Vancouver Mural Festival: David Shillinglaw thrives on graffiti's outsider status
After adding more than 40 artworks to city walls last year, the Vancouver Mural Festival is upping the ante for its second celebration, Monday to Saturday (August 7 to 12). A full 60 murals will brighten up Strathcona and Mount Pleasant this year, culminating in a big daytime street party on August 12. In this series of profiles, we introduce you to a few of the artists.
Life has become nomadic for in-demand U.K. artist David Shillinglaw. Fresh off the plane from Italy, the painter is touching down for a few days in Vancouver to tackle two murals, before jetting off for Zurich. He’s moved out of his London studio, and is, in his own words, “temporarily homeless”—dedicating his days to his art.
“It’s a bit crazy-making,” he tells the Straight on the line from outside a Vancouver coffee shop, with a laugh. “I feel like I’m in a Woody Allen movie—like I’m this weird artist who travels around the world spouting nonsense on the telephone to people he hasn’t met.”
A graduate of London’s prestigious Central Saint Martins university, Shillinglaw didn’t intially embrace mural painting during his degree studies. While artists like Banksy were picking up international recognition, the painter was always conscious of street art, but more keenly aware that his university looked down on it. It was an accident that he started putting paint on walls.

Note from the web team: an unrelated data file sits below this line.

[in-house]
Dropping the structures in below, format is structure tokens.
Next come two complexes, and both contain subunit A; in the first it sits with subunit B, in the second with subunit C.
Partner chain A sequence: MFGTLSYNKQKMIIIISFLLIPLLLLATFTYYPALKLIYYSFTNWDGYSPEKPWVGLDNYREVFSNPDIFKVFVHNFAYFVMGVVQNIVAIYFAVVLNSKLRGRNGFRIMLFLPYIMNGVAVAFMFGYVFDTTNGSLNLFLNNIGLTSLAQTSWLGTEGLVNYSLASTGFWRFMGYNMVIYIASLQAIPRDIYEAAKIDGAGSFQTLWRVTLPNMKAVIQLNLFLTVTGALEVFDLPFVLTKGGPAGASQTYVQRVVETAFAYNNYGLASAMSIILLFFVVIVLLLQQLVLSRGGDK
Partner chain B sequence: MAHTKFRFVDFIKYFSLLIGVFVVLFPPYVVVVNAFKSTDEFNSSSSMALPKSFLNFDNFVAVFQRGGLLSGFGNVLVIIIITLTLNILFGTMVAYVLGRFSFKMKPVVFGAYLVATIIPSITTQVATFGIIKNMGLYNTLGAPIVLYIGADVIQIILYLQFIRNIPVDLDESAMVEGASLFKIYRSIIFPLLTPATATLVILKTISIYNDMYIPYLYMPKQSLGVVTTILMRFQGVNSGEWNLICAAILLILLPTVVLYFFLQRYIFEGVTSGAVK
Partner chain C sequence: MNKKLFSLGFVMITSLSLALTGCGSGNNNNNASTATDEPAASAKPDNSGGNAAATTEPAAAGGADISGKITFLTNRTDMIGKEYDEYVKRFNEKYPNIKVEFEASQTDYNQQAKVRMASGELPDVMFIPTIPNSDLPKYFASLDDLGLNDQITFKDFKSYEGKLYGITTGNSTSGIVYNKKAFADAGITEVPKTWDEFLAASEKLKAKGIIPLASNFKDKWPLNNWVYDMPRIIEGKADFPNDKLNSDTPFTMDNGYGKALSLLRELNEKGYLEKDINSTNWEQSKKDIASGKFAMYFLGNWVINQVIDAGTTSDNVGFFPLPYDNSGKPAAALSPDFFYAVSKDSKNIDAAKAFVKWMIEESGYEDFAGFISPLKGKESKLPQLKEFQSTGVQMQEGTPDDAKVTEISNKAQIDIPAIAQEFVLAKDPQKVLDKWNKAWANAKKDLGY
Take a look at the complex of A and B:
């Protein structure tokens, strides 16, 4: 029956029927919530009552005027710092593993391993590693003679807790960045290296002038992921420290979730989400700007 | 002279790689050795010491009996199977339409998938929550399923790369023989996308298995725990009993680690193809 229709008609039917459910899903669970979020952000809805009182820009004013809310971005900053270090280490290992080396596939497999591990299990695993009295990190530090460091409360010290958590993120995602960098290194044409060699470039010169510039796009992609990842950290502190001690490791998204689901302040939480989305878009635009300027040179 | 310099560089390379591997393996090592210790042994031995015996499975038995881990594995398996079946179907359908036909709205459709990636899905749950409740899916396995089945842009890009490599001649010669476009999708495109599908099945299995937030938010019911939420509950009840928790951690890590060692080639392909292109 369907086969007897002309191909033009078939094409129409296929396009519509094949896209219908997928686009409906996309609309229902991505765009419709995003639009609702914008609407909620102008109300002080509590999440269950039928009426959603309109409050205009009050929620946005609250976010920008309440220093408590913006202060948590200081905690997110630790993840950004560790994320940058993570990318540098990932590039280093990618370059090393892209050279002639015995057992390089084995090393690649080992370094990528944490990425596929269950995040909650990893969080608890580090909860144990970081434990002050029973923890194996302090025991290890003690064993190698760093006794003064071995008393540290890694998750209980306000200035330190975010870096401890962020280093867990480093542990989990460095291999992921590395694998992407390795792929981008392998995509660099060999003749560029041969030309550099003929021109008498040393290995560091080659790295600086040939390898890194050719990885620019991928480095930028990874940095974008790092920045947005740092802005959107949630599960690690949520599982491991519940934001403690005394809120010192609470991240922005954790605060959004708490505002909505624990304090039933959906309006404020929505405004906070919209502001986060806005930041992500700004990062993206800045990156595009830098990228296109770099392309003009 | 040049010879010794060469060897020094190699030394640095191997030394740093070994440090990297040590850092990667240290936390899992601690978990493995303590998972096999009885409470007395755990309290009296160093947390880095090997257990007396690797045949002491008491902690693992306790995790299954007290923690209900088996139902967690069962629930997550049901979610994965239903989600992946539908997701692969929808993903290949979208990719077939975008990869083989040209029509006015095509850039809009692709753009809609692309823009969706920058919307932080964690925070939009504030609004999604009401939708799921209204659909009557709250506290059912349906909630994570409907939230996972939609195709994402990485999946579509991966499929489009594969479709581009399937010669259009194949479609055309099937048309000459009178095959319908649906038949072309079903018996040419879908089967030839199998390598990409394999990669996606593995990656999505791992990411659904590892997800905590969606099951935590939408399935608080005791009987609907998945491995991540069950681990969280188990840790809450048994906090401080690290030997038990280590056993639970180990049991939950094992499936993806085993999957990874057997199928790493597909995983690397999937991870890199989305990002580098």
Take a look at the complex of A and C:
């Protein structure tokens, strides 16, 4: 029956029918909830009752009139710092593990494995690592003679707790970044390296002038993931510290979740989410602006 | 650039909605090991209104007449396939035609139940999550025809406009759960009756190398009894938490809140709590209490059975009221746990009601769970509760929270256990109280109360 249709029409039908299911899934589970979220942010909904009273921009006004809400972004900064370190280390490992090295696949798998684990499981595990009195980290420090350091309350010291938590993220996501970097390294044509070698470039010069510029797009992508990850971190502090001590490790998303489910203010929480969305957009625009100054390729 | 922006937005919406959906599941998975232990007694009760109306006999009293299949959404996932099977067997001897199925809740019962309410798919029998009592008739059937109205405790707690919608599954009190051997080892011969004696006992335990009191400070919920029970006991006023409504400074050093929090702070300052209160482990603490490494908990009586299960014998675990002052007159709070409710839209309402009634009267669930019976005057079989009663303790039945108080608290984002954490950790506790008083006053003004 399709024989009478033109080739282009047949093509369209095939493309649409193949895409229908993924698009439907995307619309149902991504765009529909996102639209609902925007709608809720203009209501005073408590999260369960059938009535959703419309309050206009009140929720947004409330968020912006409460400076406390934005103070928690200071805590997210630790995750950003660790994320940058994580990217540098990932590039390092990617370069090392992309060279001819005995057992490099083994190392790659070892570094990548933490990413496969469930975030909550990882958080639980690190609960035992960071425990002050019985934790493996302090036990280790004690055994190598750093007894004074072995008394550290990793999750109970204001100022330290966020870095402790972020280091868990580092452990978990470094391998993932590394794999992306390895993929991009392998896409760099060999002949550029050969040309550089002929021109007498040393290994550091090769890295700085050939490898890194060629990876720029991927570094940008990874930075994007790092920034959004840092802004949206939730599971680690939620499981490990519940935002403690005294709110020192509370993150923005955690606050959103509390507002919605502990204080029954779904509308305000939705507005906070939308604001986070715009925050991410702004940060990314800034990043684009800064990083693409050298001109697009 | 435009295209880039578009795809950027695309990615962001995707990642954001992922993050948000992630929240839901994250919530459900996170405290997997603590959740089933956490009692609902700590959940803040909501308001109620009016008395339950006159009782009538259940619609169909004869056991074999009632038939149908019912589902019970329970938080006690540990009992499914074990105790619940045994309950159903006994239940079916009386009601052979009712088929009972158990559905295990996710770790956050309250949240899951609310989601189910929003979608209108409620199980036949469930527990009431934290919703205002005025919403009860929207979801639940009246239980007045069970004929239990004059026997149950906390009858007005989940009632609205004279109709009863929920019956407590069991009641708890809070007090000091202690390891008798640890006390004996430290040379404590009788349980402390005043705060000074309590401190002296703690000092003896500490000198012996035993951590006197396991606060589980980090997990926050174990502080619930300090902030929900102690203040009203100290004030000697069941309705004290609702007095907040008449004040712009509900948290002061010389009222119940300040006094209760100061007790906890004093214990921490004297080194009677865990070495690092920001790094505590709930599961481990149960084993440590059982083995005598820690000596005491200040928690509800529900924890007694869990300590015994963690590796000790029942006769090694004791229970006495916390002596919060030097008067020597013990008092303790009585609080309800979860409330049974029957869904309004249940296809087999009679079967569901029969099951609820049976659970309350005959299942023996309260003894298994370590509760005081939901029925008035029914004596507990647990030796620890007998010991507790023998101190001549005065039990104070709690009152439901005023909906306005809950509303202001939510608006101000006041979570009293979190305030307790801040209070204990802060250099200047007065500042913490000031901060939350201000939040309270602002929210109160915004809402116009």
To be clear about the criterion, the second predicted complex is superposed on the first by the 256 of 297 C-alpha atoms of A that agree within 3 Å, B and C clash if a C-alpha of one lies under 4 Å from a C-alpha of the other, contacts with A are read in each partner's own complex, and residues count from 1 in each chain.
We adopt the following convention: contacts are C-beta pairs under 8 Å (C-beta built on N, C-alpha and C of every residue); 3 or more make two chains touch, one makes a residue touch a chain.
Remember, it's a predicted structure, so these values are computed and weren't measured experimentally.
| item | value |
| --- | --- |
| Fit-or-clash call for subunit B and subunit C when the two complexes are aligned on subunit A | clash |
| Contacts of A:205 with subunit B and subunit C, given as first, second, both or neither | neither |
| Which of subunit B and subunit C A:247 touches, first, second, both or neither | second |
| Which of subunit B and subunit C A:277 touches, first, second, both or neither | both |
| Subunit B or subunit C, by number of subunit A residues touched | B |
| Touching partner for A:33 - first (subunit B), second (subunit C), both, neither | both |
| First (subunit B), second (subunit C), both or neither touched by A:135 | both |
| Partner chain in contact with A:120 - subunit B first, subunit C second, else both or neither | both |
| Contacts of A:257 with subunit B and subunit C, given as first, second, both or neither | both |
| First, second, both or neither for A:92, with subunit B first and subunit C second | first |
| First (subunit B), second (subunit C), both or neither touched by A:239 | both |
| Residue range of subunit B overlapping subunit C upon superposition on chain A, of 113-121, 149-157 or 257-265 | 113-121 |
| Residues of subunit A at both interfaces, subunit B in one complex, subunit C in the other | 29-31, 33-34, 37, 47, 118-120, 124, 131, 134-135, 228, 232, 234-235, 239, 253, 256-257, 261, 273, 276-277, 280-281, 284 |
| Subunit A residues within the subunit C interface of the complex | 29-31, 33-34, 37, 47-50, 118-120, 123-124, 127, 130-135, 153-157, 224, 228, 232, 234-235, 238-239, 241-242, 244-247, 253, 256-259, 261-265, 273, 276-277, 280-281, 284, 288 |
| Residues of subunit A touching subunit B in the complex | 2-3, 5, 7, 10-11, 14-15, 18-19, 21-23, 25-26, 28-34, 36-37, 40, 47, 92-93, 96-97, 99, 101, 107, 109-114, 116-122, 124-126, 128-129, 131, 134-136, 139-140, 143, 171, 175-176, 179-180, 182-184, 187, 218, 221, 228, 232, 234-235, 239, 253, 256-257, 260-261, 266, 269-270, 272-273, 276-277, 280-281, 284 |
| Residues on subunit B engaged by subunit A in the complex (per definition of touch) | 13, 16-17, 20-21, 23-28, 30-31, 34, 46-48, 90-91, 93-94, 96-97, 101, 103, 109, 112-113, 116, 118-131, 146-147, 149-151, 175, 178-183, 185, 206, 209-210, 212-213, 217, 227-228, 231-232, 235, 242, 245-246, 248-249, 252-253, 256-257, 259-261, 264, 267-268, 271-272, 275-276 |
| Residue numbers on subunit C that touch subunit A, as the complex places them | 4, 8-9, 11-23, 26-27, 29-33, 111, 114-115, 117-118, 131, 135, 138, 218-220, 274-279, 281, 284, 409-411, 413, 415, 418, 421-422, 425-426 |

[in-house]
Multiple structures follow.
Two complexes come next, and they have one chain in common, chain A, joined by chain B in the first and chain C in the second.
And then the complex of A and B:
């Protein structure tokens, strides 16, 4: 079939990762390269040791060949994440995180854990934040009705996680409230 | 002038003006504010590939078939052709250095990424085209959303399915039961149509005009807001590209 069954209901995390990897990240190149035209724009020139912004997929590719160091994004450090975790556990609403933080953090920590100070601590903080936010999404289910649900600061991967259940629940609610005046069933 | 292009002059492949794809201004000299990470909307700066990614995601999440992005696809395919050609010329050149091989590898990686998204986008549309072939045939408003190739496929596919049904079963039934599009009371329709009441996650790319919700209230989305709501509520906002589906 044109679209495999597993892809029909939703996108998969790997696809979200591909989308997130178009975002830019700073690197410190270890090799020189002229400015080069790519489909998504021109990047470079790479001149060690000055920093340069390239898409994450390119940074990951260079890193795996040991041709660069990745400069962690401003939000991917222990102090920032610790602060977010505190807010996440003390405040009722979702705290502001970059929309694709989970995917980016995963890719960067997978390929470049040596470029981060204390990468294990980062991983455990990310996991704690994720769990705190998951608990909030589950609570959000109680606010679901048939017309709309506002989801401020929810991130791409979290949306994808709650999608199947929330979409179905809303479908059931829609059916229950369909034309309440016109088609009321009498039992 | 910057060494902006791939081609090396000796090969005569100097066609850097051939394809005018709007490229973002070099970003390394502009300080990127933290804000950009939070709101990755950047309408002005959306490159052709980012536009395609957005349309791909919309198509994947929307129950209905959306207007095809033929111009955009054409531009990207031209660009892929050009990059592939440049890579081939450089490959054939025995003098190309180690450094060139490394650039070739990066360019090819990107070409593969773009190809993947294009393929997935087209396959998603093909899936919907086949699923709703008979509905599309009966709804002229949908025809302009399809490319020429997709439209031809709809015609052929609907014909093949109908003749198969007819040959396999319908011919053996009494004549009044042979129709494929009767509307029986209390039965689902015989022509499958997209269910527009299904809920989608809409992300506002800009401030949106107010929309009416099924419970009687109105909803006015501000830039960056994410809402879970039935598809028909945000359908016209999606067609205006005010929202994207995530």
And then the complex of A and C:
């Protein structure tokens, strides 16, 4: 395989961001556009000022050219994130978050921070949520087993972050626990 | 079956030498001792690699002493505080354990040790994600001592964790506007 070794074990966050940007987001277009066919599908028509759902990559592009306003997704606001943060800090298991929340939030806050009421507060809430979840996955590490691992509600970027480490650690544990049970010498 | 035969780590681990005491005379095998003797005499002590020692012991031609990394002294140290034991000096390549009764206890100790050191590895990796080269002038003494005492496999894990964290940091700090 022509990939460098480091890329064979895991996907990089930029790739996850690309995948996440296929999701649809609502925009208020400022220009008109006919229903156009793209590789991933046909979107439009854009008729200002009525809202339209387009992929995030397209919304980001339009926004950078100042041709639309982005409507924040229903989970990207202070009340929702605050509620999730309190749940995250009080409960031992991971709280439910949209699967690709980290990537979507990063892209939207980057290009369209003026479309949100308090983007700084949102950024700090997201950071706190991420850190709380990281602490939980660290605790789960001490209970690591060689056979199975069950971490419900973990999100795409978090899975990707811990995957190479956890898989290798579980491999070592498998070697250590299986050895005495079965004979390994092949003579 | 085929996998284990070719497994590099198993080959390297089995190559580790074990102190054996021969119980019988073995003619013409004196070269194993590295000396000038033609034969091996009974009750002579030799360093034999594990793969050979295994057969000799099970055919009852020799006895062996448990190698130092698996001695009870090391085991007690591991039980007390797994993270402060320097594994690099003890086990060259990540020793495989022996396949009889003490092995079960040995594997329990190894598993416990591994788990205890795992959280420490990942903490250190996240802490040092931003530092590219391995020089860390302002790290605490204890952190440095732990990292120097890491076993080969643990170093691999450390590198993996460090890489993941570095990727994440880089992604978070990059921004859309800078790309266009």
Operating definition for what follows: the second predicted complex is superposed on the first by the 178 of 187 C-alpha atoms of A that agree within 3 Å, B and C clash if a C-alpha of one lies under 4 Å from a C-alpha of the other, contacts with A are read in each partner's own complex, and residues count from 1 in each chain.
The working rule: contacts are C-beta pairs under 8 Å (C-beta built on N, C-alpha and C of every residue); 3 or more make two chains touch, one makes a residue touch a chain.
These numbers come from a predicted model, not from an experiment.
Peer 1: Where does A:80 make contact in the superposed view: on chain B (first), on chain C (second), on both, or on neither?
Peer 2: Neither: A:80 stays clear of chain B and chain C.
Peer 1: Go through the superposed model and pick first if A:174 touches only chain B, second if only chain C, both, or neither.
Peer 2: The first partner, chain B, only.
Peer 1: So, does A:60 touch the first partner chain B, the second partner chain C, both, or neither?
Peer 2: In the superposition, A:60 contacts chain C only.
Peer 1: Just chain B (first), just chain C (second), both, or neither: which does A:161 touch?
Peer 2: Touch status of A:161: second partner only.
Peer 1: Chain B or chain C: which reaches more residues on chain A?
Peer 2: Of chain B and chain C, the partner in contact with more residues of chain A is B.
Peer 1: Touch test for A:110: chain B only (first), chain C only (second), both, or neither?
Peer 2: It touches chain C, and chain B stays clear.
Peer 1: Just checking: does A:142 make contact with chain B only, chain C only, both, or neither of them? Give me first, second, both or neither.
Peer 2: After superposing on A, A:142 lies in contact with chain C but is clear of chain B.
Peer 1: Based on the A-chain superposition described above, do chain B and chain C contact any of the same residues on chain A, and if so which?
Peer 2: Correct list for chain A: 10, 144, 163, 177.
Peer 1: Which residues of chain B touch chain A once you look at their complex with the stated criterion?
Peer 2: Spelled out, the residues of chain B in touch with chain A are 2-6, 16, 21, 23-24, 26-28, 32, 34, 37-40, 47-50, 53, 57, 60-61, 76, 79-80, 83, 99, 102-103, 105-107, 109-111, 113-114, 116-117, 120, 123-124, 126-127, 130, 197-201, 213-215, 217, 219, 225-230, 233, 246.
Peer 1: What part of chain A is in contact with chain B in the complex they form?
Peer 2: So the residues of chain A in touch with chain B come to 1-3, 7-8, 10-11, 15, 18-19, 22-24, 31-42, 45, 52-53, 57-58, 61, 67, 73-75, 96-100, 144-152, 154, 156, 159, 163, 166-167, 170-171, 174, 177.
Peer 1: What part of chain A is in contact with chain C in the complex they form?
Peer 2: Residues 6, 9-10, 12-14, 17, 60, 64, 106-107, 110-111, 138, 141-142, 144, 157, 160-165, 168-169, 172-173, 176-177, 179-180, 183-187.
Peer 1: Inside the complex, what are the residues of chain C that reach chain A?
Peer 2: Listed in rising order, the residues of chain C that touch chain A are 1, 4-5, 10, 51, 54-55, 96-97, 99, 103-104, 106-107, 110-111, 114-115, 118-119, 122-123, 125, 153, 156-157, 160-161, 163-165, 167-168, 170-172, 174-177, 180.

“Somewhere along the line when I was making installations, I started thinking about using the other parts of the space as well as the canvas,” he recalls. “Then I began to realize that doing murals was something different from just trying to sell a painting. If it’s a wall, you can’t really sell it, so it removes the commercial part of art and makes it more of a performance or experience. I really revelled in the superherolike quality of people going out in the night and painting graffiti, and art that was outside started to really compel me.”
The power of Shillinglaw’s work is in its ability to represent, as he puts it, the “human experience”. Many of his murals incorporate faces—but never recognizable people. Rather, his bright paintings depict generic characters: neither male nor female, old nor young, black nor white. Eyes, too, are a common motif—a theme Shillinglaw enjoys for its personifying aspect. “If you put eyes on a wall painting,” he says, “they think, ‘Ah, that building now has a personality’.” Often mixing randomly chosen words with his images, the artist creates a collection of universal symbols and ideas.
“I enjoy all kinds of art,” he says. “Sometimes it’s just a word in a nice typography, sometimes it’s a pattern, sometimes it’s a figure. I see my work as a huge cauldron of different movements and influences—it mixes abstraction, surrealism, impressionism, fauvism, graphic design, illustration, and a whole lot of other isms. I steal ideas from the past, remix them, and make them mine. I think style is the mistakes that people make when they copy.”